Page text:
E. Linacre and B. Geerts
A controversial article by R.G. Johnson (1) nicely illustrates the complexity of global warming, and therefore the difficulty of estimating its local effects. It also shows the relevance of oceans to climates.
The writer considered effects on climates caused by the outflow from theMediterranean Sea along the bottom, over the sill at Gibraltar. This outflow, known as the Mediterranean Outflow water (MOW), is thermohaline. In particular, it results from the density difference of Mediterranean bottom water compared with that in the Atlantic, the difference presently being enhanced (Note 11.B) by an increase of evaporation due to global warming and decreased freshwater inflow, mainly by the damming of the Nile. In fact, 90% of the Nile water that reached the Mediterranean before the Aswan dam was built is now lost in evaporation, either from irrigated fields or directly from the lake. Johnson suggested that greater salinity of the Mediterranean may indirectly cause glaciation in eastern Canada. This is his argument: greater flow of MOW would trigger a westward ocean current towards the Labrador Sea just south of Greenland, by the upwelling of the MOW east of Ireland and Scotland, deflecting the warm Gulf Stream westwards. A warmer Labrador Sea would result. It is already known that the Labrador Sea was relatively warm at the start of the last glaciation 120,000 years ago, presumably causing additional evaporation there and hence increased snowfall over eastern Canada. This could have enhanced the onset of the last Ice Age. On the other hand, the climate in northwestern Europe would be cooled by the deflection of the Gulf Stream. So the ice extends south on both sides of the ocean.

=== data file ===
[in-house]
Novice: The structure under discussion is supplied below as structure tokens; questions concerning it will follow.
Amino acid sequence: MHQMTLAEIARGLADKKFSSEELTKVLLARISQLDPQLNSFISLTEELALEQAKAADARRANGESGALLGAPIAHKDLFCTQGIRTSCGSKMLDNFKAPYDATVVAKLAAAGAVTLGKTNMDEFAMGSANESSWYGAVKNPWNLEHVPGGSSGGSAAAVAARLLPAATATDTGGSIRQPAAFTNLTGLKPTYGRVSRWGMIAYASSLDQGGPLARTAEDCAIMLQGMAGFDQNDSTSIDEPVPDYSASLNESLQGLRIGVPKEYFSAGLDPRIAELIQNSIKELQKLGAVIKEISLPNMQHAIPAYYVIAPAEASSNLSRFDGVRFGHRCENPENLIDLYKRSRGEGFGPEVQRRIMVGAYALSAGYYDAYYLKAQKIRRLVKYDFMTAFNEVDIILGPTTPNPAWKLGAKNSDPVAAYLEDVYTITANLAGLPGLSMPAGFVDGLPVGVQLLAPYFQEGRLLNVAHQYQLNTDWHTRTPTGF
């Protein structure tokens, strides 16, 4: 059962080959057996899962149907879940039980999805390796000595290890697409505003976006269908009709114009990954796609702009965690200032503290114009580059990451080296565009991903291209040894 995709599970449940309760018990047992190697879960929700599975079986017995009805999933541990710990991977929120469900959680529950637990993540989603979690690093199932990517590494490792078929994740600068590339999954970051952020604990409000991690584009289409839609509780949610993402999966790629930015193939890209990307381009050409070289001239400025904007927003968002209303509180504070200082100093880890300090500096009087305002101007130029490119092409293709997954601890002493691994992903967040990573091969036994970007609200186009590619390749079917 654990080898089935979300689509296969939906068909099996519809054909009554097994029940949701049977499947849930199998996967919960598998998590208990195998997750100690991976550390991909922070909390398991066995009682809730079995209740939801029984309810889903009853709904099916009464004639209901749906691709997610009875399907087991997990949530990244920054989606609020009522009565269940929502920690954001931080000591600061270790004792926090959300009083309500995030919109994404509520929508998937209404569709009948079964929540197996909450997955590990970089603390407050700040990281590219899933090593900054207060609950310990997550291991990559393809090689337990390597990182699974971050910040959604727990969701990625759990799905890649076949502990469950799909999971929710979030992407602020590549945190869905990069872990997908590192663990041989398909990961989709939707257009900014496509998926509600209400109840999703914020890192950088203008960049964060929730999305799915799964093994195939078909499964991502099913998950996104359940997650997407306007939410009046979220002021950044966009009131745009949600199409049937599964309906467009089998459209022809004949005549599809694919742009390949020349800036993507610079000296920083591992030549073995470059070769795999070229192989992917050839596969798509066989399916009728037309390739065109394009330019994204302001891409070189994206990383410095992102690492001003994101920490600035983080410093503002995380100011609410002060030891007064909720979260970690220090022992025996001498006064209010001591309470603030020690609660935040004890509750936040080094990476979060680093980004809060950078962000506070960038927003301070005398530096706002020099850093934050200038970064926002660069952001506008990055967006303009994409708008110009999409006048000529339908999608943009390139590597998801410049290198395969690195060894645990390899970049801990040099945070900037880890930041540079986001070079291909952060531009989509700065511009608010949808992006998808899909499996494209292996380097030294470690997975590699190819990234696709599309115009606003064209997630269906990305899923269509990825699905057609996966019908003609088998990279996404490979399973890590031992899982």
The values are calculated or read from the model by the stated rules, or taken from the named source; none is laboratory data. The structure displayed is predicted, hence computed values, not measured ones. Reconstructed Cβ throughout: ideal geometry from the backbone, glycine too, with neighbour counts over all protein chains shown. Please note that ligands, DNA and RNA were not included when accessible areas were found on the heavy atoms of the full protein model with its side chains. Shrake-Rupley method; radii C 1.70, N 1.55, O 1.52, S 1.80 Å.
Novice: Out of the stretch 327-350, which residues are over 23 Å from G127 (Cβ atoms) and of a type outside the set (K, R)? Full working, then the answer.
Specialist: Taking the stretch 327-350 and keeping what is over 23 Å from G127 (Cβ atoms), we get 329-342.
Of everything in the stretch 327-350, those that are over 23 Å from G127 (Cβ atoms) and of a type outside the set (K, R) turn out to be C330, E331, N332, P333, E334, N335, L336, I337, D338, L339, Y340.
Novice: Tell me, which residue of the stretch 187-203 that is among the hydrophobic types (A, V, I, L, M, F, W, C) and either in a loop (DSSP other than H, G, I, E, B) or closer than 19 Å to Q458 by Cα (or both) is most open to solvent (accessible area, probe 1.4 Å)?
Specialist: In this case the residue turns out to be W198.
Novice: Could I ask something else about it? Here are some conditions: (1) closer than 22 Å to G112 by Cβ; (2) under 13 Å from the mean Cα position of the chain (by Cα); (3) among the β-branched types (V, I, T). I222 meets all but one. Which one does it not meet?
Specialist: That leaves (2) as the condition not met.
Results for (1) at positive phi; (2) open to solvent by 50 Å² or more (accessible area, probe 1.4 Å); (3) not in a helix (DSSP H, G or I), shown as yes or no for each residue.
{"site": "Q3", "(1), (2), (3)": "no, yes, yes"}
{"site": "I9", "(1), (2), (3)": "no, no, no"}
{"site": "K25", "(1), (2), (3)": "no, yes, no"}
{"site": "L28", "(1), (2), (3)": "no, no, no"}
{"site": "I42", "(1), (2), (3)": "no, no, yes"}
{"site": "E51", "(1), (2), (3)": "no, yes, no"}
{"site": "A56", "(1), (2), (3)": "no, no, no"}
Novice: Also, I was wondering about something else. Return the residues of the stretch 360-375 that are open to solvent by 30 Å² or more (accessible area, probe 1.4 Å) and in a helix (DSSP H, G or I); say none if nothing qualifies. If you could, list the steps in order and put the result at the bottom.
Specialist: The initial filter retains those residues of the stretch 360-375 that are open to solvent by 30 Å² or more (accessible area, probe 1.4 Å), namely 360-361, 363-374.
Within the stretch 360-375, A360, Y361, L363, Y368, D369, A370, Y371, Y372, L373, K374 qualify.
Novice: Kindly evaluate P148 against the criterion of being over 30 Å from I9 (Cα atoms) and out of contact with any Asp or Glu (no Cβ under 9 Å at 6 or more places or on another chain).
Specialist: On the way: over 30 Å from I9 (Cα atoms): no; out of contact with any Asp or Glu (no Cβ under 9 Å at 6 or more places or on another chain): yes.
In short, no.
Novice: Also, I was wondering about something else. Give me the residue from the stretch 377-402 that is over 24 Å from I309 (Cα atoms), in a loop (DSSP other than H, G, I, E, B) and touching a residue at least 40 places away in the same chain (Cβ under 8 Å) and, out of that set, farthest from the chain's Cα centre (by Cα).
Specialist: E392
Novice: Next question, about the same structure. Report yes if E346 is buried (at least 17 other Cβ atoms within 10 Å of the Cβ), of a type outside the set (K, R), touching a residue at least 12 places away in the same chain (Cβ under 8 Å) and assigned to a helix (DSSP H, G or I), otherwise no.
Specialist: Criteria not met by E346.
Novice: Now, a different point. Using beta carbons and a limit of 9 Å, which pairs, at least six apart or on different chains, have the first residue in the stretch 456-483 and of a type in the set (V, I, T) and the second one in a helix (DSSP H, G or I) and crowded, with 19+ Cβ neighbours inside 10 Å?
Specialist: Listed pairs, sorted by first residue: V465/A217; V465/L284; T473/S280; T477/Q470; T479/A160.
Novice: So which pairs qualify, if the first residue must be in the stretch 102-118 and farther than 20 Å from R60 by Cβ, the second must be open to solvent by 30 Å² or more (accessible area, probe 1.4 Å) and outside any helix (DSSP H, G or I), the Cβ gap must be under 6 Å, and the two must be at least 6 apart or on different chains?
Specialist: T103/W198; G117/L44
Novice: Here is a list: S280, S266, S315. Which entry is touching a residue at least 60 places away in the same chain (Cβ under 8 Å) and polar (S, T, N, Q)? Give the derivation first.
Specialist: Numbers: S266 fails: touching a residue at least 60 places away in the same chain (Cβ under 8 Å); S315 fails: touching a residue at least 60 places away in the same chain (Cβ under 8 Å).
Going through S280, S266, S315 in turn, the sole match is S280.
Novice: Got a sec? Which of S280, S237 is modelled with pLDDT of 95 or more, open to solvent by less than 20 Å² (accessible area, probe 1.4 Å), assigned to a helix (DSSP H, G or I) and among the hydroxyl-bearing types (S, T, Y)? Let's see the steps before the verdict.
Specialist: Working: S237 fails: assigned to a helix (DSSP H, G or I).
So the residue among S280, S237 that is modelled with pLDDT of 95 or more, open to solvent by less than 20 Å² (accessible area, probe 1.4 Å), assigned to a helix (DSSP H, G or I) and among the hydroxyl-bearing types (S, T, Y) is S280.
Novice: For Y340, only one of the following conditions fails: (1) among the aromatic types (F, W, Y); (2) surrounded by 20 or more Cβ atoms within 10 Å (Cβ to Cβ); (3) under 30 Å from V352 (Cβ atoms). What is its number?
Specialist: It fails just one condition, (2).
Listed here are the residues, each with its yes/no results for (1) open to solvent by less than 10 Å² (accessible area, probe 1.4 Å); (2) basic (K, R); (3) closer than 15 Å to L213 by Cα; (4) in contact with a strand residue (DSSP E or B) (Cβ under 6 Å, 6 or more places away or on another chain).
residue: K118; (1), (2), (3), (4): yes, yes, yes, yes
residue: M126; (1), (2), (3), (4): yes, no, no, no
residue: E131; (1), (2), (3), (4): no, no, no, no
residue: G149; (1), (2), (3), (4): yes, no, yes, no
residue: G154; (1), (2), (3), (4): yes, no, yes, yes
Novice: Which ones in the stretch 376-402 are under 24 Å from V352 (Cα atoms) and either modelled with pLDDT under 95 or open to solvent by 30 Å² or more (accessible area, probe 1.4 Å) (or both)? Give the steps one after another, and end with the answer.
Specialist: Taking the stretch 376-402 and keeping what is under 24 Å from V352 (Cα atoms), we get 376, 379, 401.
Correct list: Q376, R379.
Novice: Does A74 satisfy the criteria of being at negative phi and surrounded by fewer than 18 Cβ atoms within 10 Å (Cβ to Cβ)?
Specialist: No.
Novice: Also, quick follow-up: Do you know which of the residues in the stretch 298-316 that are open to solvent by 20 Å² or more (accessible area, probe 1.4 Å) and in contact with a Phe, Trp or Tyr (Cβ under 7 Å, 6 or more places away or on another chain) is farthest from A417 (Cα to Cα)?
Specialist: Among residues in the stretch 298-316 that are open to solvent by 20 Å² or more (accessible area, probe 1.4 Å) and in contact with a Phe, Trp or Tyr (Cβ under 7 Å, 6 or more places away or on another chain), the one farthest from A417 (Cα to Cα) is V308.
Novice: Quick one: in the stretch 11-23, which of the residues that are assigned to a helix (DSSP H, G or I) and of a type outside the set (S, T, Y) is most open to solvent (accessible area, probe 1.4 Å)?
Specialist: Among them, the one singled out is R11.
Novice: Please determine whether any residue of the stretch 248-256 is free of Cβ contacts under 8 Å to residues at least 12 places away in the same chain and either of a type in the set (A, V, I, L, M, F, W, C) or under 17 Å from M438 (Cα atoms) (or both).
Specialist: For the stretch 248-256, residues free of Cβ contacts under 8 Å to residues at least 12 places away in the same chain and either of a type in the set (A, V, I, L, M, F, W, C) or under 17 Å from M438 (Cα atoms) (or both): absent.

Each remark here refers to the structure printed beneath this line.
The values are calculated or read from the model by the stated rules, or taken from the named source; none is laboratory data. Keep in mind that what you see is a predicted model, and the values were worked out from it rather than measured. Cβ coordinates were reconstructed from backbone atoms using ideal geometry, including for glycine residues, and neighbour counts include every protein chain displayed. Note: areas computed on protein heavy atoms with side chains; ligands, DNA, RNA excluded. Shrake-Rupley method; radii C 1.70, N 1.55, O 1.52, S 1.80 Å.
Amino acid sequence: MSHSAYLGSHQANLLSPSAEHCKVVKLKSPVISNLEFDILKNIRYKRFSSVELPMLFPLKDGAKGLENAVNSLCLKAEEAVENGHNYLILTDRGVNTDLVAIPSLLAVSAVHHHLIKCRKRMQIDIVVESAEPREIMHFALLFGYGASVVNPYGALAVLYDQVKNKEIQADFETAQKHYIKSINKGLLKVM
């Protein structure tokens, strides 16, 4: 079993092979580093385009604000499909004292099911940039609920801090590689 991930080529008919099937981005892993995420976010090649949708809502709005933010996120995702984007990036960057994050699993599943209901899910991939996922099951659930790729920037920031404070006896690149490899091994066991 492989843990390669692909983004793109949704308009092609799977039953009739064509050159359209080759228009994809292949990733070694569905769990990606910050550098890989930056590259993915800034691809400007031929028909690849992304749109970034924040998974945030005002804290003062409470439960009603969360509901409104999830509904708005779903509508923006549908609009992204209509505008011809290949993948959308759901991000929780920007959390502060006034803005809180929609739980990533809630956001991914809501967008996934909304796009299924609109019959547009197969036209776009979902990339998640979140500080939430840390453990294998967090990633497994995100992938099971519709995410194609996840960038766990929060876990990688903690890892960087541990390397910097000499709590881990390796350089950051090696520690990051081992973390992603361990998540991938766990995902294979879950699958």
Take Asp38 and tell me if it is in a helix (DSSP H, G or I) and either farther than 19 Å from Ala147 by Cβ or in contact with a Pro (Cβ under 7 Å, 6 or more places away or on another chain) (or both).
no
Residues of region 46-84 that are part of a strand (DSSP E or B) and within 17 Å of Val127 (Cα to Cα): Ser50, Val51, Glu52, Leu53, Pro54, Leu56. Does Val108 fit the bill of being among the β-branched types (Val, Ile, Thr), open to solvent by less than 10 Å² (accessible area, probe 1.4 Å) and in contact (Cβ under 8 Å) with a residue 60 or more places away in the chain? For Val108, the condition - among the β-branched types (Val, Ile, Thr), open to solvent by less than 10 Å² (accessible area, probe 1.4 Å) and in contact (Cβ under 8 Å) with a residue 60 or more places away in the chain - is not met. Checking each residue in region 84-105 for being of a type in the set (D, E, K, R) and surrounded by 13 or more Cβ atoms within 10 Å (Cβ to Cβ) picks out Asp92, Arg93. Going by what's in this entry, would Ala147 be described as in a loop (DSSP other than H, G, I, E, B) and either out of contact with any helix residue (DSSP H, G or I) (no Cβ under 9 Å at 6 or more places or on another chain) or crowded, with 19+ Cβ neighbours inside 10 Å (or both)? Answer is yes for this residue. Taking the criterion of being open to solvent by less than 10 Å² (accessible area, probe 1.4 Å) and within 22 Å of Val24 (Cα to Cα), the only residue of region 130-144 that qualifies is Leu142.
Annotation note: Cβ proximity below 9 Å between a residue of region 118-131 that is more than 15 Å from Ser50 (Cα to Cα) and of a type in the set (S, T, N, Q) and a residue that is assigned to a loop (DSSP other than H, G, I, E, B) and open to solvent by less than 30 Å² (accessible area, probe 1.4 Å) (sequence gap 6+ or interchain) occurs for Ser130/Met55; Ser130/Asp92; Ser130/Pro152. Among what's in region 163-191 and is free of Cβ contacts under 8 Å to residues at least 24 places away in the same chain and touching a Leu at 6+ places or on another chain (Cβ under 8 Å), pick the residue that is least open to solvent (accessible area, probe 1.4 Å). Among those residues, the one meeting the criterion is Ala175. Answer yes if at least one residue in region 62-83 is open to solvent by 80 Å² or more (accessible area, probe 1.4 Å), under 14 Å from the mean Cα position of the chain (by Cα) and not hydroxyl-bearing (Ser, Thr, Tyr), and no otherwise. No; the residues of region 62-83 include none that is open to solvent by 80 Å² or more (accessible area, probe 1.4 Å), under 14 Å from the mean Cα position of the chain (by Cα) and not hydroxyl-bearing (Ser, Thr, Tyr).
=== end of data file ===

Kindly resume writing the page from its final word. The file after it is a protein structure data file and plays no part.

Johnson hypothesized that during thelast Ice Age (Section 2.2) evaporation from the Mediterranean Sea was about the same as now, because of competing effects of higher wind speed and lower temperature, yet monsoon rainfalls in Africa were less, reducing the flow of the Nile. These effects then increased the salinity of the Mediterranean Sea, enlarging the MOW, and so on. Applied to the current situation, the paradox arises that global warming in the Mediterranean might tend to cool northern climates. Then the steeper gradient of temperature with latitude would affect the global circulation of winds, with widespread consequences on temperatures and rainfalls.
Johnson concluded by considering the possibility of controlling events by building a dam across the Strait at Gibraltar, to throttle the MOW. This would have to be about 20 km long and as much as 250 metres deep, apart from a 1 km gap in the middle. The top of the dam would be below the sea surface, to allow low-salinity surface water to flow in from the Atlantic in response to the lower level of the Mediterranean surface. Such a dam would require international co-operation and funding on a huge scale, which, he suggested, would become harder to achieve if the project is postponed until times when tensions are increased by the eventual petroleum shortage.
The idea for a dam is not new. In 1933, German engineer Hermann Sorgel proposed to builda continuous dam across the Strait of Gibraltar, then cut a canal in Egypt to flood parts of the Sahara which are below sea level.
Various components of Johnson's hypothesis have not been proven, nor has it been shown that the various feedbacks will result in the suggested change in the real climate system. More recently, S. Rahmstorf (2) disproved Johnsons's hypothesis by means of an ocean circulation model: the modeled thermohaline and surface currents in the Atlantic were hardly affected by a change in the salt/water budgets in the Mediterranean resulting from the building of the Aswan dam. In summary, it is unwise to even contemplate a project as massive as a dam across an ocean strait without more in-depth studies (3).